There are times when everything suddenly goes dark. When you lose a dear friend to suicide. When your mosque gets bombed. When the lab results come back and it's bad news.
In the last few weeks, each of these things has happened to someone in my life, and once I got past the initial wave of heartbreak it got me thinking: What allows people to survive a cataclysmic event? What gives them resiliency? My best guess is that it's the things they store up while the sun is shining—memories, friendships, wisdom—sources of hope and reasons to keep going.
I spend so much time thinking about nonprofit leadership that I can't help also making a connection to that. What are the kinds of things at an organizational level that build resiliency and allow them to survive a catastrophe? A few come to mind:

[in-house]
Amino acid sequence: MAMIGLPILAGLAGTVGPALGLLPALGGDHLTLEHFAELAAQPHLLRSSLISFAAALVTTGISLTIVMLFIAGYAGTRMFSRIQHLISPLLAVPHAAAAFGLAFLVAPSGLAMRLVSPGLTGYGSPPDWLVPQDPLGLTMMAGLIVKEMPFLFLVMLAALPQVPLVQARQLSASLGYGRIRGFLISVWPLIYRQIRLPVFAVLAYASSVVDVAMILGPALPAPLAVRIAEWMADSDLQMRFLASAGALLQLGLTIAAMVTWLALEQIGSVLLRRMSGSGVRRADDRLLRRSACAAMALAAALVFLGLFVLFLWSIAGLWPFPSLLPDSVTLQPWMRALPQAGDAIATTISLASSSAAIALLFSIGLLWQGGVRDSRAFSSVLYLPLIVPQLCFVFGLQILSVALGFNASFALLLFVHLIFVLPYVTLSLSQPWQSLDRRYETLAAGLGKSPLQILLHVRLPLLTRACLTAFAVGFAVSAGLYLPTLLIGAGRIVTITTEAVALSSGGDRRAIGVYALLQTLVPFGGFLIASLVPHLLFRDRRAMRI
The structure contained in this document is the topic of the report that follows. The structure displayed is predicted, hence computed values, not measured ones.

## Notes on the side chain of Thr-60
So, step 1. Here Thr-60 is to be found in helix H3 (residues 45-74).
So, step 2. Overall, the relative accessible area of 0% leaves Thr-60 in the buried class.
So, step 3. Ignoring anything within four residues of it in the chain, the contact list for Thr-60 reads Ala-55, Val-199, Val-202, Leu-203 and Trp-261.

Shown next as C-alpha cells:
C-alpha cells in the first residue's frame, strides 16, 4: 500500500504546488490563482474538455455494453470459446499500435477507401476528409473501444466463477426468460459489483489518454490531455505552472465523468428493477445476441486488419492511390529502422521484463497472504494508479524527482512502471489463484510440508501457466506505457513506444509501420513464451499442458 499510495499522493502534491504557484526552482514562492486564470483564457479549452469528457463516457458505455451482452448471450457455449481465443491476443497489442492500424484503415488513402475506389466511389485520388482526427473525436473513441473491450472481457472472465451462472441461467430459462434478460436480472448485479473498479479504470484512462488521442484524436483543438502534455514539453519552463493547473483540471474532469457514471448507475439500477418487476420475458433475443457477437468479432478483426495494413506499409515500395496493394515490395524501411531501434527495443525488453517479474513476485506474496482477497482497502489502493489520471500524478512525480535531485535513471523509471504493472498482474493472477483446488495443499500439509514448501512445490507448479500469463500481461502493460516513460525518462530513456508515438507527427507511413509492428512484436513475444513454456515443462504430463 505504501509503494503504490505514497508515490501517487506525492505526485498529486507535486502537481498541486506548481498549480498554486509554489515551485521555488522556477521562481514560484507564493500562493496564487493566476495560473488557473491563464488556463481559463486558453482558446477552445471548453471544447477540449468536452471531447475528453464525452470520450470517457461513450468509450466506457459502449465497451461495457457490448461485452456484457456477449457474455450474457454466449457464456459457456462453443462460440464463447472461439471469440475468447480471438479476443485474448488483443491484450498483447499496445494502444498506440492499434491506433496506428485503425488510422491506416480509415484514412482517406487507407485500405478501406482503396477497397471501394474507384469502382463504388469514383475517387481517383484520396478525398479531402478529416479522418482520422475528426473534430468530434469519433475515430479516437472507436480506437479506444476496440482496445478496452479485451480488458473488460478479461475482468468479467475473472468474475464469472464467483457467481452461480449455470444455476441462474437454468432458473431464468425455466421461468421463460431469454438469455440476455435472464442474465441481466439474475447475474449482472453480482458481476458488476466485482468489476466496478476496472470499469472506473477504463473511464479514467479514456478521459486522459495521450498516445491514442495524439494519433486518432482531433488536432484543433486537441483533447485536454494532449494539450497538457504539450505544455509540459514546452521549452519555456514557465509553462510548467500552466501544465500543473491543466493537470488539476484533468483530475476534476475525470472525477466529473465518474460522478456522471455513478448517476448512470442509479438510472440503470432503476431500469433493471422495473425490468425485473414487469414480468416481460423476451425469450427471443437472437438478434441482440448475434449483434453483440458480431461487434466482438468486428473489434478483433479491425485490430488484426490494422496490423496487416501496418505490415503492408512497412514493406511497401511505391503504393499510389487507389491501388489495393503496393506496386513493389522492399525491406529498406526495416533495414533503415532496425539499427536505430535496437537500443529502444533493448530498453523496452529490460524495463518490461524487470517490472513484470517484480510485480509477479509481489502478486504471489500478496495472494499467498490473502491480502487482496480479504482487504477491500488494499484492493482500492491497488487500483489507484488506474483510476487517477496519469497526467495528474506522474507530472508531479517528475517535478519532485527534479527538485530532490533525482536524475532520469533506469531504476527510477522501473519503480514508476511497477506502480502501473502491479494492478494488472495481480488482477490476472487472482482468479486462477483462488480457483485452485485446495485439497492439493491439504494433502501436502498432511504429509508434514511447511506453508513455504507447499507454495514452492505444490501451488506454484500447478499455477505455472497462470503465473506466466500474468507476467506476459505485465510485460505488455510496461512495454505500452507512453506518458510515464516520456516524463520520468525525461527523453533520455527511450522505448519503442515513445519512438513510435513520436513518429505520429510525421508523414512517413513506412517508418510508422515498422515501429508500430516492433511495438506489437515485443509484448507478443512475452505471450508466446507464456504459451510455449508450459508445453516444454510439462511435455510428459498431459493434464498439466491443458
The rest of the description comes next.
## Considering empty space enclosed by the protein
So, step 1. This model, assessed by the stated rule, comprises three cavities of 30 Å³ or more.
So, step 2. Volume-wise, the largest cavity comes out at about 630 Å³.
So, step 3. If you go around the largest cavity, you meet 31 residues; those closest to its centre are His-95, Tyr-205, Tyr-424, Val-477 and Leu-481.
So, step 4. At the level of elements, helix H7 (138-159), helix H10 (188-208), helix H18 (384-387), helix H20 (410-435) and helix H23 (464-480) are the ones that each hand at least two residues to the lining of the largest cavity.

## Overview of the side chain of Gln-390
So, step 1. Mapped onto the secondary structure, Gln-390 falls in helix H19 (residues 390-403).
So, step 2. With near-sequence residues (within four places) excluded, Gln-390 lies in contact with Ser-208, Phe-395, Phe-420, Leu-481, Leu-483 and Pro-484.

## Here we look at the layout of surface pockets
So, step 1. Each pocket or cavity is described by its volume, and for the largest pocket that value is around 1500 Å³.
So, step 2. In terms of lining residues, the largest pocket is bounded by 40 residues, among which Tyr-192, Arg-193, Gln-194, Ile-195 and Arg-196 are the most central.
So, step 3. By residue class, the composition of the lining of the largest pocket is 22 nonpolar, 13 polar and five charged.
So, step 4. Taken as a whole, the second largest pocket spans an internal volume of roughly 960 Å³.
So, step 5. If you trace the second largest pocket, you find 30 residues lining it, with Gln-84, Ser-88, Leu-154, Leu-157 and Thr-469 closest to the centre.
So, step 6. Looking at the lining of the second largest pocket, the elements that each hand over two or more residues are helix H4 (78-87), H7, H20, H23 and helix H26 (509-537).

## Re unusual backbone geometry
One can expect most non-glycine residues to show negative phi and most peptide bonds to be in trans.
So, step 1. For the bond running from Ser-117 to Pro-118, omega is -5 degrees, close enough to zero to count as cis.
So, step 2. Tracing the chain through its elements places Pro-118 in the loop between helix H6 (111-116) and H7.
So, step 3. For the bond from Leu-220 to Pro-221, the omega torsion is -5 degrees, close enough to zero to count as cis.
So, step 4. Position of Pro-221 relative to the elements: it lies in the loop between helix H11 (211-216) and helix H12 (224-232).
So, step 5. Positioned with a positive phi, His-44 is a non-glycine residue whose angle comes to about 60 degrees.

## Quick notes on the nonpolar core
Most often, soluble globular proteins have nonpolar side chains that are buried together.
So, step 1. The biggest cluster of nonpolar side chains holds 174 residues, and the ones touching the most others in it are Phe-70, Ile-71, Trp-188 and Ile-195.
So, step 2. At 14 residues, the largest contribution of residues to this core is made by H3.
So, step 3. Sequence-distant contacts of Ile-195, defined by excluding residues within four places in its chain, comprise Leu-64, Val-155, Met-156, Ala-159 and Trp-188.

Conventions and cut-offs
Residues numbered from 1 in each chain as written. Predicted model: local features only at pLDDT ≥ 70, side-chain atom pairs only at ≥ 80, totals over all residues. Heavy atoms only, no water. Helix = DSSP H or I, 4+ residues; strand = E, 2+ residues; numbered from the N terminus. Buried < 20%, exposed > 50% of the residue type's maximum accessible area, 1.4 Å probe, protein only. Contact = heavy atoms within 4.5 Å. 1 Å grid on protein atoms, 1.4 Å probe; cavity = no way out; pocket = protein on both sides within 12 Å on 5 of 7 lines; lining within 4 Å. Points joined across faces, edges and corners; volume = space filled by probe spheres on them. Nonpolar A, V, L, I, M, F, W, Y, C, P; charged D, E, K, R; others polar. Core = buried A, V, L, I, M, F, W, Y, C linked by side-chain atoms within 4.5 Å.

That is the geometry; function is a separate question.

- A committed team.
- A clear shared purpose.
- A support network.
- A reserve of both cash and goodwill.
Whether the event is short and only slightly disruptive like a solar eclipse, or it's something that leaves the organization forever changed, these things make a huge difference.
You might notice that I didn't list technology among the items that contribute to resiliency. Of course I believe technology is important. If I didn't believe that, I wouldn't be dedicating my career to helping nonprofits use technology better. But technology is just a tool, a means to an end. It can help you build and reach out to a support network, for example. Or provide transparency that builds public trust and helps you with fundraising. It helps you be better at doing the things that make you resilient.
My heart goes out to all of our readers who are struggling with troubles in our society, among their loved ones, or in their organization. I do hope Idealware can take a bit of the stress and uncertainty out of your technology decisions, or save you some time so you can tackle bigger issues. And more importantly, I wish you hope, and courage, and strength to keep going.